Micro-credentials a gateway to support B.C. workers: Province

AS the needs of B.C.’s workforce continue to change and grow, more British Columbians will have access to micro-credential learning opportunities in a range of industries, preparing workers for high-demand, good-paying jobs, the Province said on Wednesday.

“Micro-credentials support lifelong learning by enhancing access to post-secondary education through shorter, competency-based training opportunities,” said Anne Kang, Minister of Advanced Education and Skills Training. “Our government recognizes the need for opportunities to up-skill and re-skill, and these micro-credentials will assist workers who want to transition to in-demand jobs. I’m proud of our post-secondary institutions for stepping up to the challenge and delivering these courses to help meet the needs of a rapidly changing workforce.”

A total investment of $5 million will support the development and implementation of additional micro-credentials at public post-secondary institutions for British Columbians who want to take advantage of employment opportunities in growing sectors throughout the province. This funding will support the development and implementation of an additional 35 micro-credentials aligned with government and labour market priorities to be delivered to 7,500 learners over a three-year period.

“As our economy continues to recover from the pandemic and adapt to our new world, we need to provide more up-skill opportunities to better support the needs of our workforce,” said Ravi Kahlon, Minister of Jobs, Economic Recovery and Innovation. “Micro-credentials are a bridge for workers to enhance their skills and take advantage of job openings in high-demand fields.”

Micro-credentials recognize stand-alone, short-duration learning experiences that are competency-based, align with industry, employer and community and Indigenous community needs, and can be assessed and recognized for employment or learning purposes. They are more readily accessible to non-traditional and marginalized learners, thanks to their shorter time frame, flexible delivery and more focused content.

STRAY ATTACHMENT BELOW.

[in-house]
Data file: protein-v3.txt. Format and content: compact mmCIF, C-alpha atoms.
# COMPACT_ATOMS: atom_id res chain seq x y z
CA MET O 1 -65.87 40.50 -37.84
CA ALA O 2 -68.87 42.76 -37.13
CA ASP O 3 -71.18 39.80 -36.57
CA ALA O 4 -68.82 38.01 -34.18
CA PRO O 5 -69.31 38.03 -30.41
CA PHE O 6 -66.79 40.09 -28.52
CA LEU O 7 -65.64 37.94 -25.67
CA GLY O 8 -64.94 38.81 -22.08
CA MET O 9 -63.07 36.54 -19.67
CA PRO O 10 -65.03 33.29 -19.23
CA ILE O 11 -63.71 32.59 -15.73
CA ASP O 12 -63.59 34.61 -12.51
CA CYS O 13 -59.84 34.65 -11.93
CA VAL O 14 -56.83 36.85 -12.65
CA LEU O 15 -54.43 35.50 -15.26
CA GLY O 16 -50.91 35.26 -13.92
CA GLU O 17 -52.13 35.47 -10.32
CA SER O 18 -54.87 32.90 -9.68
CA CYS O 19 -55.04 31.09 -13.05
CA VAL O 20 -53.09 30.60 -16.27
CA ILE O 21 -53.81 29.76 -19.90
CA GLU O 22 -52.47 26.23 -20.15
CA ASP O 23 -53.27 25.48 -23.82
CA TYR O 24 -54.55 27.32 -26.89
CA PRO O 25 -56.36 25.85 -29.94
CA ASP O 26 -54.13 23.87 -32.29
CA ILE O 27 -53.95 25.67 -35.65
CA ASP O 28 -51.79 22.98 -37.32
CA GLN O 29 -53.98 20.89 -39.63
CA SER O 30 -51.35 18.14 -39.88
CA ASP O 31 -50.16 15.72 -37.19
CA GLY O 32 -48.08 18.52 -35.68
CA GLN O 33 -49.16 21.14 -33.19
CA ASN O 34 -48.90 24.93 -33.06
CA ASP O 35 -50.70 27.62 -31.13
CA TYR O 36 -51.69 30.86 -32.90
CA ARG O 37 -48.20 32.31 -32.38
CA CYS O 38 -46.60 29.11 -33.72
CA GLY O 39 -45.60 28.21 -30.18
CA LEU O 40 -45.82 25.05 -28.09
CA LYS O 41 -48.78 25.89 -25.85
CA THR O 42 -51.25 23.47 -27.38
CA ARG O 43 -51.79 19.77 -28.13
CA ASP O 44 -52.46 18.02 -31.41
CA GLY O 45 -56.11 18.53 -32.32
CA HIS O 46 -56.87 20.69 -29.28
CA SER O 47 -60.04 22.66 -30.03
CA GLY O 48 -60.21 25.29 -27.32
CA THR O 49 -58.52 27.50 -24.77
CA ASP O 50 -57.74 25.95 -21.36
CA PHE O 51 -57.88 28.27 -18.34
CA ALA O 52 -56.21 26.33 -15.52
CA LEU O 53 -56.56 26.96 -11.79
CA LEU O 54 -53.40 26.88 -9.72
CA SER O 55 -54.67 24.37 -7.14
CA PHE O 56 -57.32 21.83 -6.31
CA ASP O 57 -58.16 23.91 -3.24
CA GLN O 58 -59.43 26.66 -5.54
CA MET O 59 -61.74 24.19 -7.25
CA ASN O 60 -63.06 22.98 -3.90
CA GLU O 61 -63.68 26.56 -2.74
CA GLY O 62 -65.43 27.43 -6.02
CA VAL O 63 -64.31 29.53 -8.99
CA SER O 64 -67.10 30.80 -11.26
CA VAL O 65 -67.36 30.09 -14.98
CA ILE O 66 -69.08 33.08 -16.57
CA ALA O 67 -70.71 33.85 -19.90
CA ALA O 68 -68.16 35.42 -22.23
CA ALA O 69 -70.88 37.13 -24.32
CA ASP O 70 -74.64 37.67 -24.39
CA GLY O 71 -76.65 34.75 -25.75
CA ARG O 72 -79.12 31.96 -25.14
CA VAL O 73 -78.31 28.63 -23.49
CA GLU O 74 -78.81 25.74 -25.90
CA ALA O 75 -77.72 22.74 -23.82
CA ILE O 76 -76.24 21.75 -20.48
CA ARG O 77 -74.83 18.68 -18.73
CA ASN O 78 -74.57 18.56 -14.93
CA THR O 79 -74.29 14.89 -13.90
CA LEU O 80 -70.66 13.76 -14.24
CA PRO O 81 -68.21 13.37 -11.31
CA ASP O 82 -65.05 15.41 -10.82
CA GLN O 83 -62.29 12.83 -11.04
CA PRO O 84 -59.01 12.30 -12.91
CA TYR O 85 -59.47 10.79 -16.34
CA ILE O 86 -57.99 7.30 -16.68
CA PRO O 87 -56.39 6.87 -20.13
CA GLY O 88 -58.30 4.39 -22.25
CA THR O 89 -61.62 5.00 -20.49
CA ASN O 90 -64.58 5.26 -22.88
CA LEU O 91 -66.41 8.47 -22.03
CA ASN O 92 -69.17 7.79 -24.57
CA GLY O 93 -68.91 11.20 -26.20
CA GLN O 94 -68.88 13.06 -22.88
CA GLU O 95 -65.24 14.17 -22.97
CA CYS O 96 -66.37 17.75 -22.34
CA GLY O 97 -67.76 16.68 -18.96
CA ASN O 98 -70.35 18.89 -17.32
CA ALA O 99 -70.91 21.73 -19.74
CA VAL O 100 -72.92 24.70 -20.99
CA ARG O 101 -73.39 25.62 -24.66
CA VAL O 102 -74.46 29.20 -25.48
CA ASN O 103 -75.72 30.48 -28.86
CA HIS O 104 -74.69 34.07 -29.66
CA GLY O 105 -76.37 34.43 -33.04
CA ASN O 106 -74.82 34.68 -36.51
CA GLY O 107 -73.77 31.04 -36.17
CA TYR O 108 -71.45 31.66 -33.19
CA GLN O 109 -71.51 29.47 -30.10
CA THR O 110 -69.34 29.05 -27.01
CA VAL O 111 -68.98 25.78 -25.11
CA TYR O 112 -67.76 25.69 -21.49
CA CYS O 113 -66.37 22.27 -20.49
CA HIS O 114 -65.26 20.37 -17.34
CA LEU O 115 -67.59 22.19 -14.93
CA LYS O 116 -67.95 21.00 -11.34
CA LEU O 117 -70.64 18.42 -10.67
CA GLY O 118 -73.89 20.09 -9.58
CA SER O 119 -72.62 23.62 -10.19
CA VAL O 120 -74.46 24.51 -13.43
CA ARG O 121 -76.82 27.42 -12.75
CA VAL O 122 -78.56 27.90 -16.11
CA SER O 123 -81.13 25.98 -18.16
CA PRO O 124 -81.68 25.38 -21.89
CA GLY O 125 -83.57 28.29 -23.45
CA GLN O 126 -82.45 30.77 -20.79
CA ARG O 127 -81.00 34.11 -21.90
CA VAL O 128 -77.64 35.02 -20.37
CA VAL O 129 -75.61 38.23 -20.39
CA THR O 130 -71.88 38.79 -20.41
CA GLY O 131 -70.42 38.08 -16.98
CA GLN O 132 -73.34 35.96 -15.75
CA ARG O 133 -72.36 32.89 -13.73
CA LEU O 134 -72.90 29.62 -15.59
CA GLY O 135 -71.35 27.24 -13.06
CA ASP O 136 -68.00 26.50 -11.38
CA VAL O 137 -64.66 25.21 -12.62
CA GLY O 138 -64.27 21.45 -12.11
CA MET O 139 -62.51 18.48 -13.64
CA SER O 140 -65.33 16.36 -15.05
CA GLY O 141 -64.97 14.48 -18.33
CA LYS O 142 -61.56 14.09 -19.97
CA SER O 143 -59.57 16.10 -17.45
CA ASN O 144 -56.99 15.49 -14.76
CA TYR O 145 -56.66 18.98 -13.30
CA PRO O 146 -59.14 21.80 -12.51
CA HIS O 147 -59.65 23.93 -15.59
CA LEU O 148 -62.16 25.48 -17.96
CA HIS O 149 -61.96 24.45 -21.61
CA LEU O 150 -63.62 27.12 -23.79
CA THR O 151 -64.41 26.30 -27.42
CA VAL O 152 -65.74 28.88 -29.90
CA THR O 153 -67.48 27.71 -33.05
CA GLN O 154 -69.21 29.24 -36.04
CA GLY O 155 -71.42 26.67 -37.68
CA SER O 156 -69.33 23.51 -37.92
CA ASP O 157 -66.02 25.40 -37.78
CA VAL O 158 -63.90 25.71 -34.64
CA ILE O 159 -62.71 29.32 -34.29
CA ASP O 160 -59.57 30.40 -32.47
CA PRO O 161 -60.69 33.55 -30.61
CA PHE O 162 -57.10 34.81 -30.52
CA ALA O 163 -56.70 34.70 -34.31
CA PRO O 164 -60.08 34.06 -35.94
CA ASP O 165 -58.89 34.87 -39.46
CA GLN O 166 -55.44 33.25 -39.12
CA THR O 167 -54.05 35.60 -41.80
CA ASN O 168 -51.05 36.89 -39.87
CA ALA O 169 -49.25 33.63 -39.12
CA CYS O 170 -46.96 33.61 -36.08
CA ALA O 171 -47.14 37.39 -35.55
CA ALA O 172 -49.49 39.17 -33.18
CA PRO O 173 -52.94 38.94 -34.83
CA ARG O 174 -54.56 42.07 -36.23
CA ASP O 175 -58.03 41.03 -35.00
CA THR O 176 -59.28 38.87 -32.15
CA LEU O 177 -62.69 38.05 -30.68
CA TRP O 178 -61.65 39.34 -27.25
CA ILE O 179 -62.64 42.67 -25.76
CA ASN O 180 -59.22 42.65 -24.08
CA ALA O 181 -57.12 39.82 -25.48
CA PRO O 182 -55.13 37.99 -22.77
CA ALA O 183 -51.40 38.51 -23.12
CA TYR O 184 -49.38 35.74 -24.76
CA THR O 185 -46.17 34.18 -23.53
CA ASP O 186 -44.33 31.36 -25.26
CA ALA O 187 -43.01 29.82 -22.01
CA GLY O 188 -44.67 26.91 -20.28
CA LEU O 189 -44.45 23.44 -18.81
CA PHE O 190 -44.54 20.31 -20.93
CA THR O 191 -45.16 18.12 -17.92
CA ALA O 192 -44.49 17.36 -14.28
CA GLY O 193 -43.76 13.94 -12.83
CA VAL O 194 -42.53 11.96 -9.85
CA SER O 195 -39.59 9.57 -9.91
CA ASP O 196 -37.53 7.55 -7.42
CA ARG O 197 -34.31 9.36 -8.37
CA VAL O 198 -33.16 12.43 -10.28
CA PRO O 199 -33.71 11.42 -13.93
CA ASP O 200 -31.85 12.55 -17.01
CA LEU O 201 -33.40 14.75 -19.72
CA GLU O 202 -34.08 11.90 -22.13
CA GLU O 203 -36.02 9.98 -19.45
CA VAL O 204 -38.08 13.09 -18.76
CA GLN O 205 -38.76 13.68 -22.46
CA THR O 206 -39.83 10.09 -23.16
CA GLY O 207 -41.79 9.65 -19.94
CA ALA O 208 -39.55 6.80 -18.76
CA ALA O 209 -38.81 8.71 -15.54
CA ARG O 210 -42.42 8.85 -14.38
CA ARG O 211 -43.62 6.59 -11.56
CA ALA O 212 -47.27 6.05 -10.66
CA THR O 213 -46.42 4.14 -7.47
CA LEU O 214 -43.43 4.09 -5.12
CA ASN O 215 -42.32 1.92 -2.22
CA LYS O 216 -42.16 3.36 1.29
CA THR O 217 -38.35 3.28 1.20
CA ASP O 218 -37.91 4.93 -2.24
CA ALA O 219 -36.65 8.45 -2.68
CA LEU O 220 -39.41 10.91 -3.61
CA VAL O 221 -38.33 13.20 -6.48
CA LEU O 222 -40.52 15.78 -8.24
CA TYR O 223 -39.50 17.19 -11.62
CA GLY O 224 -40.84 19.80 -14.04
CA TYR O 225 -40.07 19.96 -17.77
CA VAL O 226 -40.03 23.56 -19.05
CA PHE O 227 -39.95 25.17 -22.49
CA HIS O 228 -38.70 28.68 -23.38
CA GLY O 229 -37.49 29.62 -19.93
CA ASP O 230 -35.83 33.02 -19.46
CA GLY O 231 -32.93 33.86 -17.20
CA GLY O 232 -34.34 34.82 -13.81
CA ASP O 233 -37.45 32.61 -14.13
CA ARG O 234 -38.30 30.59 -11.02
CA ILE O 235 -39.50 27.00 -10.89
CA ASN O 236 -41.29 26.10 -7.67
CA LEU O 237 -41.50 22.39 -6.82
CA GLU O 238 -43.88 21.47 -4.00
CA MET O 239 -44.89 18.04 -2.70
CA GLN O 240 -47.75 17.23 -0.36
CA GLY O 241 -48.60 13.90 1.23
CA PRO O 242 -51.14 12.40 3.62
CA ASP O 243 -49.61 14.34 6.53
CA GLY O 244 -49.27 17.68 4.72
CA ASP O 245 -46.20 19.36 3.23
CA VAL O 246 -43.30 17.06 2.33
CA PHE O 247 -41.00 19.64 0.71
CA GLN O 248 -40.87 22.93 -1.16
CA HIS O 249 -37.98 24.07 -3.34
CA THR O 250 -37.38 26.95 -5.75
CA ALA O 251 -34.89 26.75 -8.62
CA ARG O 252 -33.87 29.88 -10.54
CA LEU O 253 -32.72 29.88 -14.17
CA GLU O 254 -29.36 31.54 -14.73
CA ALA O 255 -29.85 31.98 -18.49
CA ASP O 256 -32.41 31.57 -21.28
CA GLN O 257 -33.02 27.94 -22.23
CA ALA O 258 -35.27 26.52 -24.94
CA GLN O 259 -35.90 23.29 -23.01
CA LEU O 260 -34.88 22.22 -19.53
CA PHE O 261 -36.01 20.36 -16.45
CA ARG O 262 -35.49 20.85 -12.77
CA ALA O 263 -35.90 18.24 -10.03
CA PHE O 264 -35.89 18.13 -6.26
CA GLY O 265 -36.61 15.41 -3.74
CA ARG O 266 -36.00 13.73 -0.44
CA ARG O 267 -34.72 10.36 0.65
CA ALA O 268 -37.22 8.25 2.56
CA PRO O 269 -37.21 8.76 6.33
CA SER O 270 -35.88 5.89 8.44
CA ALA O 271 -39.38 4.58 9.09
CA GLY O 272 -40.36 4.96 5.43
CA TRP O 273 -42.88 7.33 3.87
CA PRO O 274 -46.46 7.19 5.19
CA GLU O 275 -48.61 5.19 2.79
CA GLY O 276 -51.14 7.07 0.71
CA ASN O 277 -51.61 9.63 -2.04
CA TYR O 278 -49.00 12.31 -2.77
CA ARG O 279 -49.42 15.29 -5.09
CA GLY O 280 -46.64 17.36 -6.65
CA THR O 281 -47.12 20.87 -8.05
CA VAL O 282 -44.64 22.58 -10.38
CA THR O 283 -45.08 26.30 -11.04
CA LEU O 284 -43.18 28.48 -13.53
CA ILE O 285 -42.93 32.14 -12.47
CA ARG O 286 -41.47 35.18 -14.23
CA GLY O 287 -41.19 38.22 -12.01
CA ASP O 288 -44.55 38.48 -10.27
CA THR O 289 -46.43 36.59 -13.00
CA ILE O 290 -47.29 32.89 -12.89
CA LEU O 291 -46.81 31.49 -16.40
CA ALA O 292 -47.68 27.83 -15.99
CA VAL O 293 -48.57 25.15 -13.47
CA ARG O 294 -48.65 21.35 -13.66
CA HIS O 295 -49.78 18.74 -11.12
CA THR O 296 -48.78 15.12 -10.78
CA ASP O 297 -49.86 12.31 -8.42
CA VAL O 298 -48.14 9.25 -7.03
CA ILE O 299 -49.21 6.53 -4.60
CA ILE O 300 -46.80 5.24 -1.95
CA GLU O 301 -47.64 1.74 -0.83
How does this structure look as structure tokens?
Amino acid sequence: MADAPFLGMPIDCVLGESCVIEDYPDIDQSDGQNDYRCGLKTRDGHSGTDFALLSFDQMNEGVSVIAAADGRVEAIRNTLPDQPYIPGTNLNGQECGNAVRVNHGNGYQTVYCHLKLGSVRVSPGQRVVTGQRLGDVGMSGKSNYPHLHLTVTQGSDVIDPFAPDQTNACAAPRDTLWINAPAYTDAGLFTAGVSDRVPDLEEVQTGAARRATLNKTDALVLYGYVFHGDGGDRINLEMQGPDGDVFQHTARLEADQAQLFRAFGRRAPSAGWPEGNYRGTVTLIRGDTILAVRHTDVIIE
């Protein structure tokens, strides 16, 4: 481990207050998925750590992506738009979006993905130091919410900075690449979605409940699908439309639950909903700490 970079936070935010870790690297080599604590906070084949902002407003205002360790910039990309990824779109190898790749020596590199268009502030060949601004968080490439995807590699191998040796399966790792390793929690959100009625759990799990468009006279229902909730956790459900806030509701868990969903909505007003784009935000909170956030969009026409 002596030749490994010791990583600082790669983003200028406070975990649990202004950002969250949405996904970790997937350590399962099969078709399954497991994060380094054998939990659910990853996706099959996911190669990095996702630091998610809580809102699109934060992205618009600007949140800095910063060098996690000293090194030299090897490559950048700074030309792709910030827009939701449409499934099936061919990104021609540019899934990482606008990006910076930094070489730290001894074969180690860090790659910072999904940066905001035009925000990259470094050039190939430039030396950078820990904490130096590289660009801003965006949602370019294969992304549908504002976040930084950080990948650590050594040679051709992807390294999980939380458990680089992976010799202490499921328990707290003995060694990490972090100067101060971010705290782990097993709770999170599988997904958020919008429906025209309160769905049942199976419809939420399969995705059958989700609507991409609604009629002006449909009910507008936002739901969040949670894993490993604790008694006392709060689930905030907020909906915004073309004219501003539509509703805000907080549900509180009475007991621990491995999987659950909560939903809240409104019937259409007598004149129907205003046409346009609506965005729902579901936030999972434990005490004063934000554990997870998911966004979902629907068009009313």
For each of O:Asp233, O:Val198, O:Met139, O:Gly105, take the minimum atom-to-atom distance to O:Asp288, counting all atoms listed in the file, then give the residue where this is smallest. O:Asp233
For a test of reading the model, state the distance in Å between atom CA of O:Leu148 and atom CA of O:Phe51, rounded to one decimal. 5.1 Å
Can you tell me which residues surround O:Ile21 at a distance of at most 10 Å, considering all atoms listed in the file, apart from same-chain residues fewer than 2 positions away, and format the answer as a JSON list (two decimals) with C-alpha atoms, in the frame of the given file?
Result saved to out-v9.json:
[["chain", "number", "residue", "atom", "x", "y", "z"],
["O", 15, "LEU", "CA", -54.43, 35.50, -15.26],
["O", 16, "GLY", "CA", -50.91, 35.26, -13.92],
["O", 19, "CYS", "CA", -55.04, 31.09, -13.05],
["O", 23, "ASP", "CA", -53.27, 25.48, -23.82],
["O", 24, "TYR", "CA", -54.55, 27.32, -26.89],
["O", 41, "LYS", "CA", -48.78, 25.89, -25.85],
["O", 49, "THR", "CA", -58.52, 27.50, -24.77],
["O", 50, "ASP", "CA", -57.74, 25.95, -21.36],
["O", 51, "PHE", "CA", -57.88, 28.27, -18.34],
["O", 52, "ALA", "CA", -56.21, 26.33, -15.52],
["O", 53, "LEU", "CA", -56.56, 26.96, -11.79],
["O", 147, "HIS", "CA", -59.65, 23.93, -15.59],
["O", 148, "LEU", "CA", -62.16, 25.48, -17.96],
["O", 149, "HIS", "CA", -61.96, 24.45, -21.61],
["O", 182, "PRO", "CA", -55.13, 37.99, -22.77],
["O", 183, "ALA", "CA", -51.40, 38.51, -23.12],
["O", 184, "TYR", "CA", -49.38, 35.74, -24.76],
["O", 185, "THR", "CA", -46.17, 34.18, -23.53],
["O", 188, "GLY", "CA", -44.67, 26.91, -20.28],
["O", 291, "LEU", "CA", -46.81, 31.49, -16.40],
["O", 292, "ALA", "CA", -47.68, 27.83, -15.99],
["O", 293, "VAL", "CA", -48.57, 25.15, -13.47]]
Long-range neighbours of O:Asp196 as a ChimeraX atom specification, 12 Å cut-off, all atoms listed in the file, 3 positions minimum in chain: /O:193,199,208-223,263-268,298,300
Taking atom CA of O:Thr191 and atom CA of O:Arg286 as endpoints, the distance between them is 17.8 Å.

A new micro-credential framework established through ongoing consultation with key industry and educational partners has been developed to provide guidance and clarity about how micro-credentials fit within the current post-secondary system. The framework promotes communication between industry and post-secondary institutions, re-skilling and up-skilling for the future economy and workforce and encourages consistent and co-ordinated development of micro-credentials across the public post-secondary system.

This investment in micro-credentials will help thousands of people up-skill or re-skill and find their place in a rapidly changing post-COVID-19 economy and workforce. It supports steps government is taking to help people, businesses and communities recover stronger and better prepared to meet the challenges ahead.

Quick Facts

* Over the next decade, approximately 80% of job openings in B.C. will require some form of post-secondary education.

* The effects of COVID-19 and a changing workforce mean many people will benefit by transitioning toward more in-demand and high-opportunity jobs to succeed in British Columbia’s future economy.

* People who complete a micro-credential receive in-demand skills for employment, which may also lead to additional learning pathways to further improve their qualifications and expand their career opportunities.